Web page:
RETREAT: the act of withdrawing into safety, privacy, seclusion, protection. A place of REFUGE.
My experience at Hewnoaks gave me exactly what I wanted....quiet, uninterrupted solitude and the space, time, and freedom to think without distraction. For that one week in August, life was easy.
All the information on Hewnoaks can be found by clicking here.
Thank you Hewnoaks.
There is a lot more info on the Island than can be found here. Just don't make the mistake I did and assume you will find twenty of these wonderful houses still standing. Only five are left.
Another great source of information - this article by Greg Rossel - you can find it here.
You leave from the town of Richmond - there are some fantastic historic buildings there:
There is no water, no food on the island so make sure you stop in at Annabelle's Cafe before hopping on the 9am ferry...it's a very friendly place. Get something to go.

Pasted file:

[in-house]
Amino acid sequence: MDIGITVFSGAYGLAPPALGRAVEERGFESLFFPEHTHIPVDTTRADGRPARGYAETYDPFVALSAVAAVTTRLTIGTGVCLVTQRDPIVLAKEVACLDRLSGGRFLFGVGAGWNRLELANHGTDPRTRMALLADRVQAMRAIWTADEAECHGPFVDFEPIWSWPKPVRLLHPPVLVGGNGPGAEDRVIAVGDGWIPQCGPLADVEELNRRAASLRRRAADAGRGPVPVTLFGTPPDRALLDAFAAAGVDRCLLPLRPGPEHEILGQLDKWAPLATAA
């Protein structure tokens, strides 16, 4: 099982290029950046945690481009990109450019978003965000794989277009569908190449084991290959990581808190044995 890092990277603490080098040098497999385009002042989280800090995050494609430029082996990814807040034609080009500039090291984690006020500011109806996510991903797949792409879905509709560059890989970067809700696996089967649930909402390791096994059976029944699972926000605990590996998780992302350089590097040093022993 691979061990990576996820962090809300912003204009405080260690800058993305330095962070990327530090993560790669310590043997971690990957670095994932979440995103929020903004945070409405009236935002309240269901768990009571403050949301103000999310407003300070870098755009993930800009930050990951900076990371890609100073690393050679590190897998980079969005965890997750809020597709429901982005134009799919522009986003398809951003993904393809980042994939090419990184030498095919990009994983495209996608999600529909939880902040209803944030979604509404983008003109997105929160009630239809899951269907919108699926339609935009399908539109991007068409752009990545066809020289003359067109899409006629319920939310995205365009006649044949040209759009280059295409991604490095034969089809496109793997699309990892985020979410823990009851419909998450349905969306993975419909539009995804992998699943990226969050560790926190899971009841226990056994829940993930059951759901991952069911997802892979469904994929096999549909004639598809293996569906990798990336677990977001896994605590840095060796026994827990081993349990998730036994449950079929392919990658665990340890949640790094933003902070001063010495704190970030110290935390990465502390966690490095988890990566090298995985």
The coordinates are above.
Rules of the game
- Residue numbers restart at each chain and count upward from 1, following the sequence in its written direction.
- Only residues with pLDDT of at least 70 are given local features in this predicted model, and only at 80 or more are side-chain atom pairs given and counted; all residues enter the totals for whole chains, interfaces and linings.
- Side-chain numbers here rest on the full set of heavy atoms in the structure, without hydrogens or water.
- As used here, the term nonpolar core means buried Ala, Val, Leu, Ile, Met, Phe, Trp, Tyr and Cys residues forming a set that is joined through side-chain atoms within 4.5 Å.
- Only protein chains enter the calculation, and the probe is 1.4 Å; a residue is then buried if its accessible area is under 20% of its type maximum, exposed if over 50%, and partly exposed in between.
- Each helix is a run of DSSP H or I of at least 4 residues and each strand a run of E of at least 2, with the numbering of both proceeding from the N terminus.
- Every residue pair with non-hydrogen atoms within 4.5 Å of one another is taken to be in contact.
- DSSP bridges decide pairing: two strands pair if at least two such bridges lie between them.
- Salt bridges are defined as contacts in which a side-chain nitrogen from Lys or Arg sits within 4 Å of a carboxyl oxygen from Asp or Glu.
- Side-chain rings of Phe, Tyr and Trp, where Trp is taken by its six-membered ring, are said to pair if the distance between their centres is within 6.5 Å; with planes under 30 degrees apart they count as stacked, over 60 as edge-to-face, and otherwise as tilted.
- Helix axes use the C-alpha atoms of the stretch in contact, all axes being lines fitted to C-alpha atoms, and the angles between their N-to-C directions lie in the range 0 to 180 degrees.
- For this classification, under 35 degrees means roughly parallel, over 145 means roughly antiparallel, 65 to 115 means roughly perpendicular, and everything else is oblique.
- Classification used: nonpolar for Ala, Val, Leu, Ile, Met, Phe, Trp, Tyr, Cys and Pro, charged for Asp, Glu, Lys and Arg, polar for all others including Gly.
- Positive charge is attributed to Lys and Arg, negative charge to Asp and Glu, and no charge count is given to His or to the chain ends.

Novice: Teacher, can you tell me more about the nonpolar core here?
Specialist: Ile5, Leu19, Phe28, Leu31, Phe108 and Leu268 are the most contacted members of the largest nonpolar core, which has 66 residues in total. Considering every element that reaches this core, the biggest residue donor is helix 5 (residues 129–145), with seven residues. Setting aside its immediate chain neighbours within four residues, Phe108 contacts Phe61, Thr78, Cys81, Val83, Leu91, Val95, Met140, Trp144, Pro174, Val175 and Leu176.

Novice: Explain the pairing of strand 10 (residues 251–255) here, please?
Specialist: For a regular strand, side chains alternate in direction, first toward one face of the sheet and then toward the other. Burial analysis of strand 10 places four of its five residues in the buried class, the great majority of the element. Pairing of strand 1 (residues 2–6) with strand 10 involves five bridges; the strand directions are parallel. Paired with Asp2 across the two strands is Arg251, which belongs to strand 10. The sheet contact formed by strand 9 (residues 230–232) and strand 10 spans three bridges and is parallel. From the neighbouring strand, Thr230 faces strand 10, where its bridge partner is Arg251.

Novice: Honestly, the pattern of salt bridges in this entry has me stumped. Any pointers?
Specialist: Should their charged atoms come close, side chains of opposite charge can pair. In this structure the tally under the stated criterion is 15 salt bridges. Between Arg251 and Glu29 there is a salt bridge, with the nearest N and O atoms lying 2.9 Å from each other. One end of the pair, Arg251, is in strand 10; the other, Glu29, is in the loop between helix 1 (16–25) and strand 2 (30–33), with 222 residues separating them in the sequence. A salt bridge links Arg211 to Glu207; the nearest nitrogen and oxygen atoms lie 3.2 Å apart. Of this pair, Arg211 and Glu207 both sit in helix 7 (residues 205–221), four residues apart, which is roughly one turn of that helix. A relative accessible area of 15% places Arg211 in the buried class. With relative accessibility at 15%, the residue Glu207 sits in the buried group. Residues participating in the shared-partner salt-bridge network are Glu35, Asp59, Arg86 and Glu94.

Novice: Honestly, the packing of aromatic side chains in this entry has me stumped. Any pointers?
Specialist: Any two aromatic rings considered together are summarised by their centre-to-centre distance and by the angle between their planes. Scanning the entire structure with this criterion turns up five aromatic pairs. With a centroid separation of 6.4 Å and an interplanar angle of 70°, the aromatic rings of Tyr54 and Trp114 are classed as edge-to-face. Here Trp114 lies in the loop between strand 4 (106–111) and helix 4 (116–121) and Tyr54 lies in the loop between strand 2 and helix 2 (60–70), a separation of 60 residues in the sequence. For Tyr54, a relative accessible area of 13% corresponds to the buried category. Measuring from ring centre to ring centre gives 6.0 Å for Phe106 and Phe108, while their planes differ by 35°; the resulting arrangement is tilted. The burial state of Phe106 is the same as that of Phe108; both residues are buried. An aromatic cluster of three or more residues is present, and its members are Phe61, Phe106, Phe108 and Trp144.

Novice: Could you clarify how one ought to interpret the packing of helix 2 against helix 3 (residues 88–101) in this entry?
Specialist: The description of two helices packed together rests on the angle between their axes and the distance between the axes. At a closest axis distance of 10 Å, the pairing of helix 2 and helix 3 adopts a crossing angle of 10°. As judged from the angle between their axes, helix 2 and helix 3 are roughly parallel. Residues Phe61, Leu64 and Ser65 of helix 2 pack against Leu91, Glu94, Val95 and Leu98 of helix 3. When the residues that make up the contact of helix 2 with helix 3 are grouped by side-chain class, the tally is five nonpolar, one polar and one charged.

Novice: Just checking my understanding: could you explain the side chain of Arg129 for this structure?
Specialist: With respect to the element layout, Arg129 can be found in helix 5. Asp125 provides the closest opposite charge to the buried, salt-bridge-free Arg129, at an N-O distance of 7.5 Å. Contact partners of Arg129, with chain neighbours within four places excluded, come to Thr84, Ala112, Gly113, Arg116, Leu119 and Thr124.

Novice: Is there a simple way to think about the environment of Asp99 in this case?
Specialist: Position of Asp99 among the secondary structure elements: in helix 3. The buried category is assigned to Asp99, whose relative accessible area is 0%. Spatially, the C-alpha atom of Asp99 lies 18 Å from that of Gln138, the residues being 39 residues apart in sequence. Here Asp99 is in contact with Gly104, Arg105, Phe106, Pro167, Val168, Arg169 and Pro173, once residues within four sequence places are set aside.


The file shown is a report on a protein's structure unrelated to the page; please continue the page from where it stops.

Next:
Every May and June, adult alewives use their sense of smell to migrate from the ocean, swimming upstream into rivers, lakes, and ponds. Spawning then occurs in ponds or lakes or quiet backwaters of rivers and streams.
Data from Maine points to good water quality on lakes with healthy alewife populations. In the estuaries and the ocean, striped bass, cod, and haddock feed on alewives, and the recovery of these economically valuable fish depends, in part, on restored populations of alewives.
Alewives tie together our ocean, rivers, and lakes, playing a central part in the web of life. When they migrate back downstream, on their way to the ocean..they become food for striped bass, bluefish, weakfish, tunas, cod, haddock, halibut, American eel, rainbow trout, brown trout, landlocked salmon, small and largemouth bass, pickerel, pike, white and yellow perch, seabirds, bald eagle, osprey, great blue herons, gulls, terns, cormorants, seals, whales, otter, mink, fox, raccoon, skunk, weasel, fisher, and turtles.